Flawed as both of these are, they do go some way to summing up the human condition that wants to proclaim something about recognising that something greater than your own ability has conspired to affect the outcome. I think that to qualify this as blessing, each individual must go the next step and make a choice about what they do with that favour
        All of the above are imperfect and incomplete thoughts; be that as it may, they represent where your article has lead me

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  2. I have always believed this, but have never been quite sure if what I felt was right or not, because Christians keep saying the other. But I have always cringed inside when people say I’ve been so blessed with this or that, or a good situation, because I would think, does that mean that God does not like the ones who aren’t ‘blessed’,? and I just can’t see God ever being like this, and having favourites.

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    • Hi Catherine. I think you are on the right path. I haven’t resolved everything but I am happy to sit in the tension for now and avoid the temptation to resolve it prematurely. You are right, something doesn’t quite seem right and that should slow us down enough for us to think.

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  3. Mate been thinking about your article. I really like your concept of privilege versus blessing. There’s only one problem. Is there scope in your thinking for God to bless people individually for their obedience? I understand that comparing a western christian living in a developed world to a person living in southern India brought up in a Hindu family at the bottom of the caste system brings up some major dissonance in my thinking re the blessing of God and its apparent unfairness. But I can’t avoid the fact that blessing is a reality and it’s not universal other than God making the sun rise on the wicked and the righteous equally etc. Because if it was then that would be unfair as well. Now if you’d made the comparison between non-believers in both countries then there wouldn’t be an issue at all. As soon as you bring God into the equation it starts to get a bit messy, although I still think your original premise is really helpful.

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    • Hi Dermot.
      Apologies for not getting on to this earlier. I write for a living but I only get to my own projects on occasion – which is frustrating.

      Firstly I am not a theologian although all my theologian friends say everyone is a theologian! I’m probably more a philosopher. So when I think about these types of challenges I am mindful of what theology I am familiar with, but I also allow myself to be tempered by my environment. I personally think that one of the biggest mistakes the modern church makes is projecting a stubborn legalistic view regardless of what the environment says. You would know that swabs of ideas that were relevant and spiritually sound years ago have been tempered by modern thinking and we no longer suppress woman or condone slavery etc, etc…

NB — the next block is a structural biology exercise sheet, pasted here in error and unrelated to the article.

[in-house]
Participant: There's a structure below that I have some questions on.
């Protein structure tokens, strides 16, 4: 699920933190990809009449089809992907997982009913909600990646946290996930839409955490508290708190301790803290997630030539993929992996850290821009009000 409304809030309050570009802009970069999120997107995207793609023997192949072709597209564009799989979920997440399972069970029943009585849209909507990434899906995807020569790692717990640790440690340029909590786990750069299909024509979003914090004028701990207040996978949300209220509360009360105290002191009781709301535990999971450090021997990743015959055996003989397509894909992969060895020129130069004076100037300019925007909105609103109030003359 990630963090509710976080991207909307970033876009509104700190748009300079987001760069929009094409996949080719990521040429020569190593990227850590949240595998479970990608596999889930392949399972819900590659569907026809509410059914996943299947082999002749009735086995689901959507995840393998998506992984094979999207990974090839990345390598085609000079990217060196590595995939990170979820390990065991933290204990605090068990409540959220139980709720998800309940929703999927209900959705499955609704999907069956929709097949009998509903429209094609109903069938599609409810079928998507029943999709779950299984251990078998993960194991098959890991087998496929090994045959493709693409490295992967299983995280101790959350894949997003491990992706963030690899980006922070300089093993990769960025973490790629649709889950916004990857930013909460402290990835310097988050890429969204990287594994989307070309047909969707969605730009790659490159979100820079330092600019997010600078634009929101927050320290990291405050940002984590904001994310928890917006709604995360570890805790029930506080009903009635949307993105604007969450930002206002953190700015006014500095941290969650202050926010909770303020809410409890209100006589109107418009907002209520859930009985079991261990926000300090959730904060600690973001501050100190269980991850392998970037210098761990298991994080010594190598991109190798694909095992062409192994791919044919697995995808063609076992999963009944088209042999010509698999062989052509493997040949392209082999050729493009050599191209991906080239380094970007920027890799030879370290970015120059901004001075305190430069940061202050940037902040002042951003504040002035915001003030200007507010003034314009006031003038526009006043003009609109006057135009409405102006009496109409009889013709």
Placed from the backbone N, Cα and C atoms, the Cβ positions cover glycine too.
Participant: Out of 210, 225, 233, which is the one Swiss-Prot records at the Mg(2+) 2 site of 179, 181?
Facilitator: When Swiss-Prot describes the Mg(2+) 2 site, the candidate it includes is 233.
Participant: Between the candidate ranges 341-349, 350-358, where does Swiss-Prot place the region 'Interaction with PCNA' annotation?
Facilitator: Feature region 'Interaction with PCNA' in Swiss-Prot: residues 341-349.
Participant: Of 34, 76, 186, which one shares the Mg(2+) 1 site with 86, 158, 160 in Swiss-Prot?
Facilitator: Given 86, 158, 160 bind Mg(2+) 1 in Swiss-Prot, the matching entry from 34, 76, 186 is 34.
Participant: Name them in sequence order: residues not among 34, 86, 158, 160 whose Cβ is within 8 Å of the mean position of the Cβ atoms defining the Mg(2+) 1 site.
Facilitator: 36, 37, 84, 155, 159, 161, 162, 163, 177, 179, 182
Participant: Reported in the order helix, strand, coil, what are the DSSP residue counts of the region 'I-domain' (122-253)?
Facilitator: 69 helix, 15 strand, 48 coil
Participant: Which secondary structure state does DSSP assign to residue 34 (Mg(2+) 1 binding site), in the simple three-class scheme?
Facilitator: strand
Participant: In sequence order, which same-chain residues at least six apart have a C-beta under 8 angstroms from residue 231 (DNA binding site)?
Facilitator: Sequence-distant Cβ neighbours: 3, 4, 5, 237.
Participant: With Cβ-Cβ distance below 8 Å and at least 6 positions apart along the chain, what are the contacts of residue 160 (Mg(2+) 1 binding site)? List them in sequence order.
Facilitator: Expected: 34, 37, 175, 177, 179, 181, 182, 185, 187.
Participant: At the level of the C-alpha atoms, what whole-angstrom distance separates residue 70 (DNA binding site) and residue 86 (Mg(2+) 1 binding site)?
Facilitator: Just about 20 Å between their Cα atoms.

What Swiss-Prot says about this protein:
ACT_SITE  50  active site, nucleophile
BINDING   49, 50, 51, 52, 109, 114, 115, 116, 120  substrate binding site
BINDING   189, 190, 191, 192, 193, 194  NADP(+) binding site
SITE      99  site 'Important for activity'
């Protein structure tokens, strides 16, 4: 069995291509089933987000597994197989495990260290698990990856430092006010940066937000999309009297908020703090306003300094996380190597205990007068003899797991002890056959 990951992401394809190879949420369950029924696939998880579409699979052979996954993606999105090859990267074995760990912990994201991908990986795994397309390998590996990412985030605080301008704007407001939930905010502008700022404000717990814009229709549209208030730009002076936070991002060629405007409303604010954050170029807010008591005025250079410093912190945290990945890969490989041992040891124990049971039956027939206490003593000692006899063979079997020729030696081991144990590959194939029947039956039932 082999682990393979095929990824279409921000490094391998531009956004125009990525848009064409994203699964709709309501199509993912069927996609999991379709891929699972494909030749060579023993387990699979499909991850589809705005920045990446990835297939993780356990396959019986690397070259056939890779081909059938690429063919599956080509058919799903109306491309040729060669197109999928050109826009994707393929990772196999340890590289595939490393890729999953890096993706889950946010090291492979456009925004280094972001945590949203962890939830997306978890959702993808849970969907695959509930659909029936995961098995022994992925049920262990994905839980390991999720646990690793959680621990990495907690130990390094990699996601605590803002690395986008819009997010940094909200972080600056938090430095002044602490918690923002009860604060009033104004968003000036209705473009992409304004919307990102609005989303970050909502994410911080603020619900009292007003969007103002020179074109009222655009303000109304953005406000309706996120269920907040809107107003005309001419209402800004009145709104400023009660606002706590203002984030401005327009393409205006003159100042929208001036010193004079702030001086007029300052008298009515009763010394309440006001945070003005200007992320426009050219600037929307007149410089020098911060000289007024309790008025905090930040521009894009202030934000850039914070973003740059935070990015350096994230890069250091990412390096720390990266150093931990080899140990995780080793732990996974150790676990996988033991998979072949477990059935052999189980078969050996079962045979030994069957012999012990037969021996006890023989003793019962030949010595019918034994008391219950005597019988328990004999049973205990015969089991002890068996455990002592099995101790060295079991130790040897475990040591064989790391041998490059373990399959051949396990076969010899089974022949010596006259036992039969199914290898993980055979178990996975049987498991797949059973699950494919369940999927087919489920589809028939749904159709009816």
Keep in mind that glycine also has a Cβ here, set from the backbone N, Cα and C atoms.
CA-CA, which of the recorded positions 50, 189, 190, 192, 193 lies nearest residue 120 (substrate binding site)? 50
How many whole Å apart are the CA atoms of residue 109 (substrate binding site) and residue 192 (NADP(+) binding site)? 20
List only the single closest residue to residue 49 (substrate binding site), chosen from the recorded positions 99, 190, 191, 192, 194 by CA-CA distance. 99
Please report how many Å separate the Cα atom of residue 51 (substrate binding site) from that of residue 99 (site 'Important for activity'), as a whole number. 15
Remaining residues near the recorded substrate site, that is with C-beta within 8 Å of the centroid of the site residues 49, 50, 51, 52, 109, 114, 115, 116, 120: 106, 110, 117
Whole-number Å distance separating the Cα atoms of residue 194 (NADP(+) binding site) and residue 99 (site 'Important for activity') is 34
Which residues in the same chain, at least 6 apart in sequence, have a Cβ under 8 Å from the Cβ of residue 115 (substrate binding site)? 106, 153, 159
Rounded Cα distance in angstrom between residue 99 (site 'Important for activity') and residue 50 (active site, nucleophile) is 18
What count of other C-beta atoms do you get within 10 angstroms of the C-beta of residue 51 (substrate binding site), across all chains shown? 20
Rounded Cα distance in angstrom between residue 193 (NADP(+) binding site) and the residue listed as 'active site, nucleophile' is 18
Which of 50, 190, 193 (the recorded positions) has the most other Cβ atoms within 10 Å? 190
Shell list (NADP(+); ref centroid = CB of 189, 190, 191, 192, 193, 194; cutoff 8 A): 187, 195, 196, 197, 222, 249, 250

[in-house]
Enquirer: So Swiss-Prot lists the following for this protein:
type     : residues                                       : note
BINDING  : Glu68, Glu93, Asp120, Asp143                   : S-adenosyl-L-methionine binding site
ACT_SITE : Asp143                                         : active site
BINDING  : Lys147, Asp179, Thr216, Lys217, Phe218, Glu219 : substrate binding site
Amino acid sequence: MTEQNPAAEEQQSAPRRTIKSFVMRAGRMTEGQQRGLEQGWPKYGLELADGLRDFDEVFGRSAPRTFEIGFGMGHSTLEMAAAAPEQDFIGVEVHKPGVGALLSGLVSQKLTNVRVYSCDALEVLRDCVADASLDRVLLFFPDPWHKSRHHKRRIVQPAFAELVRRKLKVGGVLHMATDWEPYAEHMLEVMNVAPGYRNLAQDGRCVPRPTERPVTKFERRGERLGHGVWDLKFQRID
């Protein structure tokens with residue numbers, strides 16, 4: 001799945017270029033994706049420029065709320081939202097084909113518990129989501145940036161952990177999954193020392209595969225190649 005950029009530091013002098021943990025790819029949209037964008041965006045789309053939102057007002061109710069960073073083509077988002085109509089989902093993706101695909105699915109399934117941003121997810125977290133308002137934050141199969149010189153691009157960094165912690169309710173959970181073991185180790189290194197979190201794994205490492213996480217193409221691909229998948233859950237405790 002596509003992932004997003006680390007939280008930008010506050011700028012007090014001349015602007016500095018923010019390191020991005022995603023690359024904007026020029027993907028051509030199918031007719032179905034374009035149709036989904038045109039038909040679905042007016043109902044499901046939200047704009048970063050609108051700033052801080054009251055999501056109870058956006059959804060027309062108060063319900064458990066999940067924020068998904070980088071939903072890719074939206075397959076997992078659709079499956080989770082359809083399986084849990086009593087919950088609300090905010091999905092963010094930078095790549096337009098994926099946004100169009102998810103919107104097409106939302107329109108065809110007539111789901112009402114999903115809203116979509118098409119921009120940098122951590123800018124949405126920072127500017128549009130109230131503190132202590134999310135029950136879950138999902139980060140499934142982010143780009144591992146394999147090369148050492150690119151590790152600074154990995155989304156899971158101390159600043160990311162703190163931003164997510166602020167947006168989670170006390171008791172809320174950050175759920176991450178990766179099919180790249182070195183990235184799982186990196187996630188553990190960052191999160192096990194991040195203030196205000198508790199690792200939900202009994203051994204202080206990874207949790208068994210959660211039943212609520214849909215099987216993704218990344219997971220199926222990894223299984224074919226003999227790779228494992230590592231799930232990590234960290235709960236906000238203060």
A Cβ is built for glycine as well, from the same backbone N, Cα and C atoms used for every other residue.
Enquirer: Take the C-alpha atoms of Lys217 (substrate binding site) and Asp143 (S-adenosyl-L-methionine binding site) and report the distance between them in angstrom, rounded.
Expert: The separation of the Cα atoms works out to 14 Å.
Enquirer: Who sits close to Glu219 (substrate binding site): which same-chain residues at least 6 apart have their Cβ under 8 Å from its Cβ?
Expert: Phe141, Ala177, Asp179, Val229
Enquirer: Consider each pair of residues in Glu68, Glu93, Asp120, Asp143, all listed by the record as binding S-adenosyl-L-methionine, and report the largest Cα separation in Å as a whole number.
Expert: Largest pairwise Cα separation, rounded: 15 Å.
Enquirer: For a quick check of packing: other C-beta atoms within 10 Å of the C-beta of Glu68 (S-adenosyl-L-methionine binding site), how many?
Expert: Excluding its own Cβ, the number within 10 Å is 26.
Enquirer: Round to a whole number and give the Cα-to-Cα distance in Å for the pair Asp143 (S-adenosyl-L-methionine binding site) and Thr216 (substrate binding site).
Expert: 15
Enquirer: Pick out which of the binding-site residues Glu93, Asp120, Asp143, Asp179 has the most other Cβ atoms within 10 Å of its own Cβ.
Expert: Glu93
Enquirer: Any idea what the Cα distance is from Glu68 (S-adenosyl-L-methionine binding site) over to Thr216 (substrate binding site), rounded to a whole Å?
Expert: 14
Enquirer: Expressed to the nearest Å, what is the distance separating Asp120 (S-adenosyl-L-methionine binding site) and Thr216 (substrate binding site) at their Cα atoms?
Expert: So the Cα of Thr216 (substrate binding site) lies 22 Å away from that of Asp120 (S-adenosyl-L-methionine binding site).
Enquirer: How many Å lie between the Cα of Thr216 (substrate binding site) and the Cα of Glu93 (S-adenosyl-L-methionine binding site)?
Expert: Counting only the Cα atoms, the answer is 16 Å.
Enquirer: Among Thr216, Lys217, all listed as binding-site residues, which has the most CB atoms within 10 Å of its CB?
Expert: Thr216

So when it comes to a theology on how God may or may not bless us, I have to let the environment mess with me. The reason this blog has resonated with a few people is because many in the church are listening to their environment and there is a dissonance… and it is becoming louder.

      The people I admire are those left with nothing on this earth but had a determined resolve to be faithful regardless of the challenge they faced. Jesus was a perfect example of that. After spending time in third world countries, it has become an uncomfortable posture for me to expect more. I feel ashamed to even ask. I hope the churches that teach excess would feel the same in the future.

      I think any theological idea has to be balanced with the overall sentiment of the bible and what the environment says. If we chose to regard blessing as a sound principle, then we have to wrestle with the rest of Jesus’ powerful examples – like looking after the widow, giving to the poor, or even more provocatively, giving up all your belongings and following him. Asking for more blessing in contrast with giving up all your belongings is polarising and wisdom has to moderate the chasm – there is no room for a legalistic theological view unless we deny one principle or the other.

      Change is messy and uneven. When you base your life on a particular belief and hope, it is very difficult to let it go – everyone is trying to ignite hope in their life. Why wouldn’t we gravitate to an idea that if we are faithful our bills will get paid or we may experience a lucky break. It makes Christianity a very easy sell. When evangelism is such an important part to the modern expression, leaning into the idea of exclusive benefits is much easier to pitch than a life of challenge and trouble. The challenge is most of the world has trouble, we are a tiny percent of the global population that lives with relative extravagance, I am convinced that you and I didn’t earn that luxury.

      I would still say my true blessing is how my heart is softening. It has never been stuff – stuff has done more harm to me than good. If God truly wanted to bless me with more I would ask him why when there are others that are hanging on a thread. It is a small start and maybe hypocritical, I still live in excess. The kind of excess we want is not even sustainable on this planet. If every one became middle class with the current population, we would need 3 earths to accommodate. Something has to give.